Ibuprofen Could Make Healthy Men In Just Two Weeks

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Researchers looked at 31 male participants and found that taking ibuprofen reduced production of testosterone by almost a quarter in the space of around six weeks.

Now, before you panic, there's no suggestion yet that occasionally relying on an ibuprofen will make your balls shrivel up and die. Unfortunately, a new study says that ibuprofen can actually reduce fertility rates in men.

The Danish research team warned: "Ibuprofen appears to be the preferred pharmaceutical analgesic for long-term chronic pain and arthritis". Essentially testosterone levels were normal but the men in the ibuprofen group had higher amounts of luteinizing hormone, which stimulates testosterone production.

It has already been linked with fertility problems in women taking the drug.

The human brain compensates for testosterone deficiency by producing luteinizing hormone (LH), which sends a signal to the testicles to produce more testosterone.

The research focused on men given 600mg of ibuprofen twice a day, which isn't the norm for the average bloke.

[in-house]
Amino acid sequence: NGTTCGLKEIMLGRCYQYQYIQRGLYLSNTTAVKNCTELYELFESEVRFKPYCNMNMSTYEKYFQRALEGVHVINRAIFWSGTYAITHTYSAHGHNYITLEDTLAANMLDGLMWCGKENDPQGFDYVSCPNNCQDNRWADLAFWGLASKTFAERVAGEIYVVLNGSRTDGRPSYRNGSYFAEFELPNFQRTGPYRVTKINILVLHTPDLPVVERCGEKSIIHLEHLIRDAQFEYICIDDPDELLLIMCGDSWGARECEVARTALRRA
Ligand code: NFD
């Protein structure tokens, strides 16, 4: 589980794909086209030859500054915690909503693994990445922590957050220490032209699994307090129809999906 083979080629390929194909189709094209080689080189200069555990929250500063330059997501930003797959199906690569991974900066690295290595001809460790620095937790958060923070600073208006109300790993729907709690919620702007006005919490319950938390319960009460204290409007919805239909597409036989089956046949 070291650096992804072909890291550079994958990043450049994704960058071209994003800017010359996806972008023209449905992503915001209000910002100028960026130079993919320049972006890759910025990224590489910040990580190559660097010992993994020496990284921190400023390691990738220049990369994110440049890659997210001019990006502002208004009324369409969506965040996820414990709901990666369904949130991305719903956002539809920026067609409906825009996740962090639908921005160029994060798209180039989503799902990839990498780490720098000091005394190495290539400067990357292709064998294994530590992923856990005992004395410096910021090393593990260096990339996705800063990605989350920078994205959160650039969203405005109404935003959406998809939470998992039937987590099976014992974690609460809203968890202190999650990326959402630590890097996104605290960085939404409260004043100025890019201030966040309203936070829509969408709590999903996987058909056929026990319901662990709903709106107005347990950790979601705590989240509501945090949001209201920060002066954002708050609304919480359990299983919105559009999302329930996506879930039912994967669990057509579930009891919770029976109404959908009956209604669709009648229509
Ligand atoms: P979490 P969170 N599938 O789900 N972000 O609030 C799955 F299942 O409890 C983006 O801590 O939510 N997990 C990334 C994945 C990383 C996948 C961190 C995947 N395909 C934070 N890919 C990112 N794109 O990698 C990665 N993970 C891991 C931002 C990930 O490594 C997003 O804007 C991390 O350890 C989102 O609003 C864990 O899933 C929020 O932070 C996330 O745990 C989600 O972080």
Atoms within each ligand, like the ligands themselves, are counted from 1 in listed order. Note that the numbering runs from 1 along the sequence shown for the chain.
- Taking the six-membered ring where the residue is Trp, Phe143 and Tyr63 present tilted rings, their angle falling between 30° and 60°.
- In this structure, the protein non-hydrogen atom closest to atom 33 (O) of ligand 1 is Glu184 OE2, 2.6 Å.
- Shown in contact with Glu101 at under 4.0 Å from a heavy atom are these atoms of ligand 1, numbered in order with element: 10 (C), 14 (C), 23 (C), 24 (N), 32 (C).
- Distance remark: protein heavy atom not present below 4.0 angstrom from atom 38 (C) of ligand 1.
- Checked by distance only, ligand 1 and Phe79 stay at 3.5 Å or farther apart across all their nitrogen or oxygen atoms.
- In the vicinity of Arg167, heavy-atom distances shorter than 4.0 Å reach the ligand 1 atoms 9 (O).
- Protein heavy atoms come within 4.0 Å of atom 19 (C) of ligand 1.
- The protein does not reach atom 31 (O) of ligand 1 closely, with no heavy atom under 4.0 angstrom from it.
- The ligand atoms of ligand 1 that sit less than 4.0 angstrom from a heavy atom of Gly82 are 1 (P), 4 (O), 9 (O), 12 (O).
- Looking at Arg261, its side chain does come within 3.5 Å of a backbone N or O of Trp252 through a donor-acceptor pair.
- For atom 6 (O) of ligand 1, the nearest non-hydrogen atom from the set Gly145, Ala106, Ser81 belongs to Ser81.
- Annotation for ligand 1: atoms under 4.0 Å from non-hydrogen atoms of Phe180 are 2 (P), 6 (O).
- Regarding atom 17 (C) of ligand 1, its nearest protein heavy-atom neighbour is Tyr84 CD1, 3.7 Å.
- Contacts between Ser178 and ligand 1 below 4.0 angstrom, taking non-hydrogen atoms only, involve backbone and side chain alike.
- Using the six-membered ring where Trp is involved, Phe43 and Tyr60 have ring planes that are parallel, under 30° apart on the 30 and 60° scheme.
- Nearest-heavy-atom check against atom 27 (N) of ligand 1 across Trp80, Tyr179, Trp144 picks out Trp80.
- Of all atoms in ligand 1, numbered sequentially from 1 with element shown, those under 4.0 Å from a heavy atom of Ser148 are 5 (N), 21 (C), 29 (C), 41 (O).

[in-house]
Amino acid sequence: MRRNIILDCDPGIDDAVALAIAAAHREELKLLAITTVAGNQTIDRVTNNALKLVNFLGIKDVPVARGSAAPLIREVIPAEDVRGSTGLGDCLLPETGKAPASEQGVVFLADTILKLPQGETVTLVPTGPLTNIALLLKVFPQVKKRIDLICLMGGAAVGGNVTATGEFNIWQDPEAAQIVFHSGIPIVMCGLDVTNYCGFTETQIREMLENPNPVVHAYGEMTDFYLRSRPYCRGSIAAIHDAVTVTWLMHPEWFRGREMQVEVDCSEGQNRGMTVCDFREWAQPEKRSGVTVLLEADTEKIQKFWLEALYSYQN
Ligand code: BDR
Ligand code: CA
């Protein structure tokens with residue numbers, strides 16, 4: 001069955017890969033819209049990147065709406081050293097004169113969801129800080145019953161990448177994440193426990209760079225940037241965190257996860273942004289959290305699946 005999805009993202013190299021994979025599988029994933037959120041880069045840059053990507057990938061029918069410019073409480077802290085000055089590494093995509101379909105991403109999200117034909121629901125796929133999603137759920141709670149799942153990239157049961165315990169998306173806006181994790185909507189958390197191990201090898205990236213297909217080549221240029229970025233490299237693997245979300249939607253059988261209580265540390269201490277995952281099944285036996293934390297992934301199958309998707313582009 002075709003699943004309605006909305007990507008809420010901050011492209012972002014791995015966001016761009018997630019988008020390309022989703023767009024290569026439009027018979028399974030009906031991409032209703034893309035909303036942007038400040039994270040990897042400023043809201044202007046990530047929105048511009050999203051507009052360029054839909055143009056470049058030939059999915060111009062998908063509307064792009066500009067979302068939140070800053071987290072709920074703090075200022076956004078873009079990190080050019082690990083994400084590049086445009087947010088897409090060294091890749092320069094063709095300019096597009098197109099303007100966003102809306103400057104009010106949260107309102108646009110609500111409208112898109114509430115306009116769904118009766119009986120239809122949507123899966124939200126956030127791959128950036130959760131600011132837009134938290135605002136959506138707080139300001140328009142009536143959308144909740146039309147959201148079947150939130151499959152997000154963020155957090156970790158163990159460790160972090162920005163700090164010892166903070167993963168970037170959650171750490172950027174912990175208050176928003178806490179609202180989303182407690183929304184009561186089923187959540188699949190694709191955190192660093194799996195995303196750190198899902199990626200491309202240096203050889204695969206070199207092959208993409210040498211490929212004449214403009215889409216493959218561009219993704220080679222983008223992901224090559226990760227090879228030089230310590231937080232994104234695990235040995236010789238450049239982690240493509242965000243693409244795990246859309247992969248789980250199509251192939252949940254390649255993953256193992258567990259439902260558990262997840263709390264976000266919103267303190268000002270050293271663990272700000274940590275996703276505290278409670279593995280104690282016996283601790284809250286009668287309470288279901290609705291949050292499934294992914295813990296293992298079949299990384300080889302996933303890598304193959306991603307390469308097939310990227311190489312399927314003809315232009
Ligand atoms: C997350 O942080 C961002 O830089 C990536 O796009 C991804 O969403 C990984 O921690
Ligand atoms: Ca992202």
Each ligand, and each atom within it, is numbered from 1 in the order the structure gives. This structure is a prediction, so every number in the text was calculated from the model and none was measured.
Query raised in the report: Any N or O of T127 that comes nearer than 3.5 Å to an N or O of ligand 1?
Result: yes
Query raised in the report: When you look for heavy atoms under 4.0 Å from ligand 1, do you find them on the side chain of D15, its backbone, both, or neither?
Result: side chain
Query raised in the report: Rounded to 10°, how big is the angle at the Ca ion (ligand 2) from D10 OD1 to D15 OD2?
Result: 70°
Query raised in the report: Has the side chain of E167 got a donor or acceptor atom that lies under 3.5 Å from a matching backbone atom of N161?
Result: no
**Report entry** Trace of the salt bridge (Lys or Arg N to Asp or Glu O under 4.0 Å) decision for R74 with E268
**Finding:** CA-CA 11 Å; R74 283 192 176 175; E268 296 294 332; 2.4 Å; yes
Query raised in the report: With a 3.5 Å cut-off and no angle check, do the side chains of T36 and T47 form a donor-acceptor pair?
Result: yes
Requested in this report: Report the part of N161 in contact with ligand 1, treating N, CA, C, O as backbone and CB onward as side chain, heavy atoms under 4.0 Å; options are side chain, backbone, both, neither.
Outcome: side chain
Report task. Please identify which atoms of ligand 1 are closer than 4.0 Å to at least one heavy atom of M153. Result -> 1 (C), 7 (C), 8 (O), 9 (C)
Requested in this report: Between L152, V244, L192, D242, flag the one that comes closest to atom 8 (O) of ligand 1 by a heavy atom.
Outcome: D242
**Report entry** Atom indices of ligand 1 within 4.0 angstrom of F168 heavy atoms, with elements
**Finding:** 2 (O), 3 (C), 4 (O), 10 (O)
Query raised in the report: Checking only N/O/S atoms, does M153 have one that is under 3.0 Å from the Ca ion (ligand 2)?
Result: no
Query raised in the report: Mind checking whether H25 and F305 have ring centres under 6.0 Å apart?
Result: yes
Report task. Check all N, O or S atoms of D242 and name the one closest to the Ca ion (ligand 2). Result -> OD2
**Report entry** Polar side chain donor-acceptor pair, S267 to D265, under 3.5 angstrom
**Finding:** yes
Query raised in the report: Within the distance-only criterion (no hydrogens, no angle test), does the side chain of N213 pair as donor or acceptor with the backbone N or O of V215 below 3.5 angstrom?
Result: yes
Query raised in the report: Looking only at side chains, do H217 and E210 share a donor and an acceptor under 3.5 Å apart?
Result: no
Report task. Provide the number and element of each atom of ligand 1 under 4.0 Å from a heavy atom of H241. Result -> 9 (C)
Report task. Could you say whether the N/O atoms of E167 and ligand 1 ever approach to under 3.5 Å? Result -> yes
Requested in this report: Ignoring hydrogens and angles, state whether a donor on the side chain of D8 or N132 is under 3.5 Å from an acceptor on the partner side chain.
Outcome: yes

The study isn't the first to suggest that ibuprofen could be causing more harm than good.

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Advil and Motrin are two brand names for ibuprofen, which can be bought over-the-counter as a pain reliever, and is typically used by athletes.

Professor Allan Pacey from the University of Sheffield, cautions: "The results suggest that long-term use (several weeks) of ibuprofen can affect the production of the male hormone by the testicles". Some took 1,200 milligrams of ibuprofen daily, which is the maximum limit as directed, over a six-week period.

Fortunately, the condition went away in the volunteers when they stopped taking the medication. The resulting imbalance produced a condition called compensated hypogonadism, which is associated with lower fertility, depression and an increased risk for cardiovascular events like strokes or heart failures.

"The safety and efficacy of active ingredients in these products has been well documented and supported by decades of scientific study and real-world use", said Mike Tringale, a spokesman for the association, according to Fox News.

To avoid these side-effects, doctors caution against taking Ibuprofen for more longer than ten days in a row, per the FDA's warning.

At the end of the study, the men who took ibuprofen had developed compensated hypogonadism, a condition usually associated with smokers, elderly men and those with reproductive issues or physical disorders.